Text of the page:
Keep Your Upper Body Still and Controlled

During your chip shot, don’t move your upper body around too much. This is because too much movement can cause inconsistent contact. Instead, focus on engaging your core muscles and maintaining a quiet upper body throughout your golf swing, which will help you achieve more reliable results and help lower your handicap.

stop chunking chip shots

Leverage the Bounce of Your Wedge

Understanding and utilizing the bounce of your wedge can make a significant difference in your chipping. The bounce allows the club to glide through the turf, minimizing the risk of chunking. Practice making contact with the ground using the bounce of the wedge, and you’ll notice improved turf interaction and cleaner contact with the ball.

Experiment With Different Clubs for Diverse Situations

Depending on the lie, distance to the green, and course conditions, you may need to vary the club you use for chipping. Try using a variety of clubs, such as an 8-iron, 9-iron, or pitching wedge, to develop a versatile short-game arsenal. By practicing with different clubs, you’ll be better prepared to handle various chipping scenarios.

Develop a Consistent Pre-shot Routine

A consistent routine before a shot can help calm nerves and make sure that the chipping motion is more repeatable. Your routine may include checking your alignment, taking a few practice swings, and visualizing the shot. If you consistently do things the same way, you’ll feel more comfortable and confident, which can help your performance.

Break Down Your Swing Into Segments

By analyzing and practicing certain parts of your chipping motion, you can find and fix problems that may be causing chunking. Focus on getting good at the backswing, the downswing, and the follow-through on their own before putting them all together to make a smooth swing.

Seek Professional Guidance

If you keep messing up your chip shots, you might want to talk to a professional golf instructor. They can give you personalized advice, point out problem areas in your swing, and help you improve your chipping technique with targeted drills.

By implementing these in-depth tips and dedicating time to practice, you’ll be well on your way to stopping chunking chip shots and significantly enhancing your short game around the green.

As your chipping improves, you’ll save strokes and lower your scores, making your golf experience more enjoyable and rewarding.

Secret tip you won’t hear from most people

Use a chipper! Although there is a negative perception associated with the use of a golf chipper, it can serve as a very useful club. If you are experiencing difficulties with your short game, using a golf chipper can assist you in regaining your confidence. In golf, there are numerous techniques to propel the ball towards the hole and ultimately sink it. A chipper is among those methods. Do not feel ashamed if you require the assistance of a chipper in your quest to stop chunking chip shots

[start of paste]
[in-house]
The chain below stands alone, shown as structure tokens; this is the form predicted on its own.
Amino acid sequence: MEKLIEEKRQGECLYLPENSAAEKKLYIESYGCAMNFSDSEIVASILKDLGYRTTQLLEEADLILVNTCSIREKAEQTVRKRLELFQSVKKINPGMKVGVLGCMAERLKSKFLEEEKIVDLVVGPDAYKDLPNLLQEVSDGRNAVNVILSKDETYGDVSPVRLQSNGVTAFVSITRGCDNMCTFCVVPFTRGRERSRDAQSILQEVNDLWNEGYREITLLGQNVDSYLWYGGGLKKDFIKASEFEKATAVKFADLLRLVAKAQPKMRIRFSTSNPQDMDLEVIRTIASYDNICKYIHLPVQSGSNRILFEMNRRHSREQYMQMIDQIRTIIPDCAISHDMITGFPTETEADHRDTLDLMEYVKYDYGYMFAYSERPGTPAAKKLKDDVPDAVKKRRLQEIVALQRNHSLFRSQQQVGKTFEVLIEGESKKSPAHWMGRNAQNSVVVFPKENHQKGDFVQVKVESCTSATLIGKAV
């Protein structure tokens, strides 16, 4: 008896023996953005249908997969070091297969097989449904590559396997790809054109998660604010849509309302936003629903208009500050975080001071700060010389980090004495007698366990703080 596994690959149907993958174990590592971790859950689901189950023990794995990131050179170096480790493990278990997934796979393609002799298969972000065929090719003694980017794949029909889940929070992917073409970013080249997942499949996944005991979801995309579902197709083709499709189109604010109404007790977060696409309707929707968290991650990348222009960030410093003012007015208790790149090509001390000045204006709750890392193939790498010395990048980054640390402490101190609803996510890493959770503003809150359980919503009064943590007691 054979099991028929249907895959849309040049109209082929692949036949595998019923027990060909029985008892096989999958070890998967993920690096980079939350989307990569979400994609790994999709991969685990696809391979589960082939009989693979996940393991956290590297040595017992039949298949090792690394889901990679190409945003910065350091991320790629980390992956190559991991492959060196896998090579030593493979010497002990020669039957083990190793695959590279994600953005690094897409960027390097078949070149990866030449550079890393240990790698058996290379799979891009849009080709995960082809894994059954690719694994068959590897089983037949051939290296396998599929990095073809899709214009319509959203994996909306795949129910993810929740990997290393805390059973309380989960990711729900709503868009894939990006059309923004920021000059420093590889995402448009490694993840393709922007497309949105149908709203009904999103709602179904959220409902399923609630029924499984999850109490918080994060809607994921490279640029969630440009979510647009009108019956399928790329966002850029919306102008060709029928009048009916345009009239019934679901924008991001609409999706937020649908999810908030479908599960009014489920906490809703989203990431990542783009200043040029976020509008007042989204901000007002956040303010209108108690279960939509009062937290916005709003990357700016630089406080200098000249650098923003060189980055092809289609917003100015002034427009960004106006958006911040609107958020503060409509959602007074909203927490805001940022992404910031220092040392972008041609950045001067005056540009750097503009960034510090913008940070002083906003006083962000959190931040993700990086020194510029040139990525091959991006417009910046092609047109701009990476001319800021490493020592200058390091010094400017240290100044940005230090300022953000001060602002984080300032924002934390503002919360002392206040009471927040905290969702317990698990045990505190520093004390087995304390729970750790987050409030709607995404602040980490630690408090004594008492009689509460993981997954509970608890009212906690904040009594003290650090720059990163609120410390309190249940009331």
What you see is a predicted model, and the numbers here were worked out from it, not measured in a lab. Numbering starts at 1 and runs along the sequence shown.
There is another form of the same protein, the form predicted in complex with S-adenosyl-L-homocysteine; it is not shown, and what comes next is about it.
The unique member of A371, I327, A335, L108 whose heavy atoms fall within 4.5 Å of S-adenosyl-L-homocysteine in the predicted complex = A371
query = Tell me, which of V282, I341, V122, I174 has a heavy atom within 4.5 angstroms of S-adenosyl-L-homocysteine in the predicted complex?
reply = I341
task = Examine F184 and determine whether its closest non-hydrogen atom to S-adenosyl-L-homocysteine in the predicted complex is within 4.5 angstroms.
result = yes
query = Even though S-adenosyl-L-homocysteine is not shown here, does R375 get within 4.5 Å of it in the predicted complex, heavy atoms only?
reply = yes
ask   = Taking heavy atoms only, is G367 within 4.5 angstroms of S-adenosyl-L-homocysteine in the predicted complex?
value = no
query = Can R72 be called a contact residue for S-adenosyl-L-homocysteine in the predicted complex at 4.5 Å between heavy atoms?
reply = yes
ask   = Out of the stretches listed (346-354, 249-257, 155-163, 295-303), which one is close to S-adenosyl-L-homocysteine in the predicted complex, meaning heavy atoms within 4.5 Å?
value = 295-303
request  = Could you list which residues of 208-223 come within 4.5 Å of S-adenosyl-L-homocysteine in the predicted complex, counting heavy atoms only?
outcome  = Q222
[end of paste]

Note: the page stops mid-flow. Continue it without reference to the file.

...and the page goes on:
Bonus Tip – For the most comprehensive guide on chipping, including flop shots, bump and runs, and bunker shots, see our golf chipping page and chip shot meaning page.

Conclusion

Chunking chip shots can be frustrating and costly in any golfer’s game. However, you can improve your technique and consistency around the green by understanding the causes of chunking and implementing the fundamentals of a good chip shot. Remember to pay attention to your stance, posture, grip, and the mechanics of your swing. You should also practice weight transfer drills and imagine yourself hitting the ball well.

Feel free to experiment with different clubs and grip styles to find the perfect combination that works for you. But, most importantly, dedicate time to practicing your short game, as this will help you stop chunking chip shots and improve your overall golf performance.

With persistence and patience, you’ll soon see your chip shots land closer to the hole, setting you up for easier putts and lower scores. So, get out there and start working on your short game, and watch as your golf game reaches new heights and you spend less time cleaning off mud from your wedges.

Photo of author

AUTHOR

Tommy is a confirmed golf fanatic. He's been playing golf for 20 years and just loves everything about the game. His dad used to play golf a lot and watch the PGA and European Tours, so Tommy started watching too. Now he knows a lot about golf and loves to coach people and help them play better.

Leave a Comment